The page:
If you are on the trail when you encounter a bear, announce your presence in a calm voice and back away slowly while talking to it in a calm voice. Do not shout, do not panic, do not turn your back on the bear, and do not run; bears can run as fast as racehorse, you cannot outrun (or outswim) them. Black bears can climb well and some grizzlies can too. If grizzlies are too big to climb, they can reach up to 10 feet high when standing on their hind legs (source: http://www.udap.com/mm5/Bear-Safety-Tips), so climbing a tree isn’t recommended unless you are certain it is a grizzly and you are confident in your climbing abilities. In most cases, the bear will run away. Try to avoid eye contact so you don’t further aggravate the bear.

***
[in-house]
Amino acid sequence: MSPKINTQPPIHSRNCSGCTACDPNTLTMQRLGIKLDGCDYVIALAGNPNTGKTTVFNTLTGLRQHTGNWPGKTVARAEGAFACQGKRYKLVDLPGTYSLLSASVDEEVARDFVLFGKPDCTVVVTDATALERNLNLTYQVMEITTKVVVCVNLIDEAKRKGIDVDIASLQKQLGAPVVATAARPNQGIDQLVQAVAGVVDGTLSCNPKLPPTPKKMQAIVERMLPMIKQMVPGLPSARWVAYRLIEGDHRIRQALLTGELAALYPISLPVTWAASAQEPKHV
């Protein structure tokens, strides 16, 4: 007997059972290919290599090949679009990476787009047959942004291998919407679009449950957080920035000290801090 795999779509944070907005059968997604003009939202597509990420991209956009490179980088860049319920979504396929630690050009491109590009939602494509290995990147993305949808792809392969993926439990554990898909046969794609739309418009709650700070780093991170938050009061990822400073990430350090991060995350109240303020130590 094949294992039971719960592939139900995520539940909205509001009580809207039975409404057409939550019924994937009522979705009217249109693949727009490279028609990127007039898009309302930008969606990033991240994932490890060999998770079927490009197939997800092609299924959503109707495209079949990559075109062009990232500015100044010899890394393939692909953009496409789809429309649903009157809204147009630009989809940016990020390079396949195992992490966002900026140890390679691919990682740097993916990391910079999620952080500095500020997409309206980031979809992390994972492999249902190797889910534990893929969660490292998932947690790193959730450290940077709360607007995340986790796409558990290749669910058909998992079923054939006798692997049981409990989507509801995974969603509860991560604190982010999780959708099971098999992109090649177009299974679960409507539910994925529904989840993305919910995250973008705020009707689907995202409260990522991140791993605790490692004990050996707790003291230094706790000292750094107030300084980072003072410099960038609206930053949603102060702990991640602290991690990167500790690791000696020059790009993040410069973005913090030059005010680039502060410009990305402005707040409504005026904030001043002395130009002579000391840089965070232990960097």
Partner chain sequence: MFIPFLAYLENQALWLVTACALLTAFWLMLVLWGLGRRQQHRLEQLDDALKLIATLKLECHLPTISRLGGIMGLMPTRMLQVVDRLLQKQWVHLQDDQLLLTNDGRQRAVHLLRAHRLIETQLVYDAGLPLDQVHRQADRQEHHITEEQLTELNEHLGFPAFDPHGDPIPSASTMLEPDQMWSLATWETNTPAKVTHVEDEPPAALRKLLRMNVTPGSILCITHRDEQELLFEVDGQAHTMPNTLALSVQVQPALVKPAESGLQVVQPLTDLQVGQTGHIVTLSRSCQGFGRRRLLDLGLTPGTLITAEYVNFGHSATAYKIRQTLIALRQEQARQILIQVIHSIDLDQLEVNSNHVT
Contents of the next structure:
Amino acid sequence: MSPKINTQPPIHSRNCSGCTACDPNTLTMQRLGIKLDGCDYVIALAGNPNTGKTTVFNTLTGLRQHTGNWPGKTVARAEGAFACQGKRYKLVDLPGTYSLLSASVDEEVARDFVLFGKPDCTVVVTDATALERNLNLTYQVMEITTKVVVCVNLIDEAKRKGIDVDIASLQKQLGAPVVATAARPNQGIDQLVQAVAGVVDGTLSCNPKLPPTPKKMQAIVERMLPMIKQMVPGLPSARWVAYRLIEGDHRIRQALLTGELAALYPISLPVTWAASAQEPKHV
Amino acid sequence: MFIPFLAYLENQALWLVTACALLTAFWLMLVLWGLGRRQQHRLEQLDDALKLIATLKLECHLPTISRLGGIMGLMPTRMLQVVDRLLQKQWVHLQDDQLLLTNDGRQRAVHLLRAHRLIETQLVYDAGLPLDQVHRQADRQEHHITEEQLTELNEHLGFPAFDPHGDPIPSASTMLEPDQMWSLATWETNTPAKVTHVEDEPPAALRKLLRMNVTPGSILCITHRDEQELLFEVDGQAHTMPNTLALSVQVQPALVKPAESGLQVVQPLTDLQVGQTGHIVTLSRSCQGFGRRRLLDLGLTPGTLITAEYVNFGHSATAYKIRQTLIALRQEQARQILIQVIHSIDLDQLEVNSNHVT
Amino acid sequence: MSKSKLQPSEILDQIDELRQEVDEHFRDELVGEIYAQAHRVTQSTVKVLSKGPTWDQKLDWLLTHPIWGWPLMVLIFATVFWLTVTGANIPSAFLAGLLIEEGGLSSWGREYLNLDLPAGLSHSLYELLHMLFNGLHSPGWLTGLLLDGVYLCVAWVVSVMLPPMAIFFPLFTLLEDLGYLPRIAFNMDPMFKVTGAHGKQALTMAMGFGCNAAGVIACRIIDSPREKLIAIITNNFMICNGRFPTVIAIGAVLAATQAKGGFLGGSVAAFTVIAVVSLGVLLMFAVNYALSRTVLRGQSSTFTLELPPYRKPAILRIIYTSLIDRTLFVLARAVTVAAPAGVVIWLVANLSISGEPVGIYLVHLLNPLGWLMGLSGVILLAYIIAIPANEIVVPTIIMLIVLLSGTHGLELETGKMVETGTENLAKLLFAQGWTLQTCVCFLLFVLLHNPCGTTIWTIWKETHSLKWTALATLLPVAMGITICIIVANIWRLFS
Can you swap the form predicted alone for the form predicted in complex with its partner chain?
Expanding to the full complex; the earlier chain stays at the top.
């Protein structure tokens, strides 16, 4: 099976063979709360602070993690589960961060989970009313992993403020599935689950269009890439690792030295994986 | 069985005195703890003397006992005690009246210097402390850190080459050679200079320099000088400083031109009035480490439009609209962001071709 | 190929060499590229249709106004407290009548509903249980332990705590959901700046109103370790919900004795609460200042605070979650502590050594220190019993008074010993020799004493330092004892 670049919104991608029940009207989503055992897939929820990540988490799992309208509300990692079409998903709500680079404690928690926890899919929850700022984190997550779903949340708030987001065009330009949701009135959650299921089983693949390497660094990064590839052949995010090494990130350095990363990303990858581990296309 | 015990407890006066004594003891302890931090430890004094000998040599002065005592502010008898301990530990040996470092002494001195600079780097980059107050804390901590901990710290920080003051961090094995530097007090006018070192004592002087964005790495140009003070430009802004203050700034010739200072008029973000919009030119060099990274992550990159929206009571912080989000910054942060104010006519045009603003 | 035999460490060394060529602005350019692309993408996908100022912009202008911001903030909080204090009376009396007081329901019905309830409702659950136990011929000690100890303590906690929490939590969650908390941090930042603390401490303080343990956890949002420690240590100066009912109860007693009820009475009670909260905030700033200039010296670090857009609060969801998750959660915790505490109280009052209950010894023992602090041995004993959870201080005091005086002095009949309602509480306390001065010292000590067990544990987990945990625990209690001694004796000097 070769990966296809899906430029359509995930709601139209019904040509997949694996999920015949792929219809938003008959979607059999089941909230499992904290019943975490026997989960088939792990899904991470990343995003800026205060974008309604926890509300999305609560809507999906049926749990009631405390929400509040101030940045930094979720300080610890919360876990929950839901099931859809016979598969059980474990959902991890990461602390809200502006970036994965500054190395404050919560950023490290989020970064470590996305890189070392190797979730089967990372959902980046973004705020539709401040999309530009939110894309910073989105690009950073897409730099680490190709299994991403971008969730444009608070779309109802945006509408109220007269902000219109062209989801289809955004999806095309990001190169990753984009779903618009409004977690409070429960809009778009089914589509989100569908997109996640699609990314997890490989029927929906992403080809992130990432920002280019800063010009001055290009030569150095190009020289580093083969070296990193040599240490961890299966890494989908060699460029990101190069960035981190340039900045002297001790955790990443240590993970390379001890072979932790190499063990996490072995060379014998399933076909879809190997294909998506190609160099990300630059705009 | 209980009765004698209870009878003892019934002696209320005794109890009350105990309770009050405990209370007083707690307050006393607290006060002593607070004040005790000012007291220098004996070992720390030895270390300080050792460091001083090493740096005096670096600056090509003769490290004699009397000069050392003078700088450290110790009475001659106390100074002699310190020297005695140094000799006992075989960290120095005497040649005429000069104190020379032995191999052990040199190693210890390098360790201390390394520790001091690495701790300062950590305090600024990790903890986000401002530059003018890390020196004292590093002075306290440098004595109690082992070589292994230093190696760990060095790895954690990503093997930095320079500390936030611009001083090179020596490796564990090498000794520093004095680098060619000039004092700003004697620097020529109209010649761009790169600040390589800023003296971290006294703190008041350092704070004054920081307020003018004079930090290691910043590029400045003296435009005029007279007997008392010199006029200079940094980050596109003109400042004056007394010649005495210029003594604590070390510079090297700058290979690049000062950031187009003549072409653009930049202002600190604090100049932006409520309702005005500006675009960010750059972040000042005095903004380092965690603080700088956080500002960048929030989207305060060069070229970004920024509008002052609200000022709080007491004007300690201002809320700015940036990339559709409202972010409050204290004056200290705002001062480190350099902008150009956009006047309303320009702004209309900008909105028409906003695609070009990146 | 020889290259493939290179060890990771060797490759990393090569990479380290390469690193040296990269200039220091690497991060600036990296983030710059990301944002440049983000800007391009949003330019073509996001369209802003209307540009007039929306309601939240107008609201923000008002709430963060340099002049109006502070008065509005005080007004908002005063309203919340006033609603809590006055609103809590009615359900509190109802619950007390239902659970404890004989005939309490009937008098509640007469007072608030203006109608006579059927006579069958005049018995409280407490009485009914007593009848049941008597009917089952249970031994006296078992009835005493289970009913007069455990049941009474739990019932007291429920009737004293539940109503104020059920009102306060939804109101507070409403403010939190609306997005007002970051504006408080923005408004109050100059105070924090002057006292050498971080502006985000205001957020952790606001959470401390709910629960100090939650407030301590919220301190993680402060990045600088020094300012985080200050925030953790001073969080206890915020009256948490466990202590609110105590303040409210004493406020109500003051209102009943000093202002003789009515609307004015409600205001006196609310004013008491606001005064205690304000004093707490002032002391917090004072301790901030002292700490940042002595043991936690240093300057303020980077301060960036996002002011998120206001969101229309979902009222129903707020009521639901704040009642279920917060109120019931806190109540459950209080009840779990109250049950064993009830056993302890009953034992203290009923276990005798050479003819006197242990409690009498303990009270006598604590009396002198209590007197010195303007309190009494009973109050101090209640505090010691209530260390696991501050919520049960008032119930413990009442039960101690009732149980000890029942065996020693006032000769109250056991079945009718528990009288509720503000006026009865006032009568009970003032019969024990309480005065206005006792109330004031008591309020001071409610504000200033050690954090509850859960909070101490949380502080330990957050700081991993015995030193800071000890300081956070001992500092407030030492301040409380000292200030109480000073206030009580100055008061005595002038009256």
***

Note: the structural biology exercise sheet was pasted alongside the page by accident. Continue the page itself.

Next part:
7. What if the bear stands it ground and doesn’t leave? 

If the bear doesn’t leave, this could mean it has cubs or a fresh kill nearby, but sometimes it might just have a good berry patch/roots to dig. If the bear stands up, it is curious about you and trying to get a better look. Continue to back away and then go back the way you came. Don’t head into the bush looking for a way around the bear in case cubs are hanging out there, or the bear’s kill is stashed in the woods.

8. What if the bear becomes aggressive?